Those who have firsthand experience of reconstruction realize the importance of the local community “ties” for reconstruction process from disaster. When the Great East Japan Earthquake occurred, tsunami hit the areas suffering from increasing out-migration of young people and population aging. How should we reestablish the regional society? From the viewpoint of social integration, religious culture can foster feeling of unity through ceremonies and festivals. The above documentary Can You See Our Lights?-First Festival after the Tsunami shows the importance of spirituality in an easy way to understand to the young Muslims of Indonesia. This documentary is an exemplary material for explaining modern Japanese people’s conscience of religion such as repose of souls and invocation to people overseas unfamiliar with Japan.
In questionnaire conducted after the events, they commented that when the disaster had occurred; the Aceh Massive Tsunami 2004 and the Java Earthquake in Yogyakarta 2006, Japan was the first to come to rescue. They also showed a sense of solidarity as country where natural disaster occur frequently. They expressed respect for Japanese about helping each other without panicking when the Great East Japan Earthquake occurred. Moreover, some student showed interest in Japan, a desire for deeper understanding by asking whether this attitude comes from religion.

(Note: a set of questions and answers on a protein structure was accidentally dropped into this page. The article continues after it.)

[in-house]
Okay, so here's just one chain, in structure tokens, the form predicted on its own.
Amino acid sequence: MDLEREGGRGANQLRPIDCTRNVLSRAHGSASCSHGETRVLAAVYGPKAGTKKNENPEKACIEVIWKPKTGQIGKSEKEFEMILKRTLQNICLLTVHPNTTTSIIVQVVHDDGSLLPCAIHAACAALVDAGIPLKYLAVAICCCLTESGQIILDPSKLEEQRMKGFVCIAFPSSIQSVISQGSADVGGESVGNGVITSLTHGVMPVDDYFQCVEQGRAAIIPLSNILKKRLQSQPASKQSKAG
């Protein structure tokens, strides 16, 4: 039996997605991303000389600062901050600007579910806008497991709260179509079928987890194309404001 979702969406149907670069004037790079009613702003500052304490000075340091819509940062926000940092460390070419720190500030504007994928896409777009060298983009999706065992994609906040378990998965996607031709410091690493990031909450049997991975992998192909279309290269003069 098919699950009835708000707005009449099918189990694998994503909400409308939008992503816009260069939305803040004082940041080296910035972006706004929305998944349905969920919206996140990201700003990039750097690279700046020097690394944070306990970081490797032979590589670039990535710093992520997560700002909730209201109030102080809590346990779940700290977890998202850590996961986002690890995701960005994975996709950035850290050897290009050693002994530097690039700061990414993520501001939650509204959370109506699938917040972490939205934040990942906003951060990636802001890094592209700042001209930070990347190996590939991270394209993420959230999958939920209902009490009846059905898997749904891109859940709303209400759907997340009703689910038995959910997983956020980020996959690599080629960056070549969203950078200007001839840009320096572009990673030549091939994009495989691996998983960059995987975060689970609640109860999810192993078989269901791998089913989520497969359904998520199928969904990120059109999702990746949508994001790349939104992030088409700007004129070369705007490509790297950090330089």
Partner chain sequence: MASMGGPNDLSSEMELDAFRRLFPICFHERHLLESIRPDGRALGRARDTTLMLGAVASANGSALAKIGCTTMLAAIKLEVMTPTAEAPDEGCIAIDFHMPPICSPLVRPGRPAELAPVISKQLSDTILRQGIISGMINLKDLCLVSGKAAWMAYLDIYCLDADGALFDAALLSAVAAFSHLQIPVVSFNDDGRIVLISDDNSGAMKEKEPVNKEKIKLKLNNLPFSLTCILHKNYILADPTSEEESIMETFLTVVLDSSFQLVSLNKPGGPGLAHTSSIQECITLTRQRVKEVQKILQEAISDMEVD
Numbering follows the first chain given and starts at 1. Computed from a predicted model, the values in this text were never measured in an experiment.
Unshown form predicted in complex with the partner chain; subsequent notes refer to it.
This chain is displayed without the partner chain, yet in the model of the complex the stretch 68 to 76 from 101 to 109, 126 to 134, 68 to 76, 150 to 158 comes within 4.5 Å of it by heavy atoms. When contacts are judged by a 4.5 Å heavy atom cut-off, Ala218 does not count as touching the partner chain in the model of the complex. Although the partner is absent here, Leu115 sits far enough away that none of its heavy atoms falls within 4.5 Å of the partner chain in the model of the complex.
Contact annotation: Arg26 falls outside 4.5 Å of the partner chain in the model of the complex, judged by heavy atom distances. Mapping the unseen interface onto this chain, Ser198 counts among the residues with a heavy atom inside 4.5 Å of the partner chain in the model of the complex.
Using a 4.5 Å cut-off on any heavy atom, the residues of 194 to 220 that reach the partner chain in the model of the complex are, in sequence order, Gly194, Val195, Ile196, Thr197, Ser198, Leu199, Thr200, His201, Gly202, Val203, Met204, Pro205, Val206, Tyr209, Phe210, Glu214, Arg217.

These Indonesia’s young people who have no relation with Japan in daily life and perhaps have never talked with Japanese before were touched by courage, self-control, tolerance, the indomitable spirit of the victims as they strive to stand up once again in difficult condition. Every time the session ends, I have impression that the young Indonesians are cheering us saying “Don’t give up, Japan!” On the contrary, I was deeply impressed with their sympathy.
Disaster prevention education by the young Indonesians via videos
As project based on the second part of policy “Contribute to international community by utilizing Japan’s experiences and knowledge about the disaster”, we held youth competitions around the theme disaster prevention education.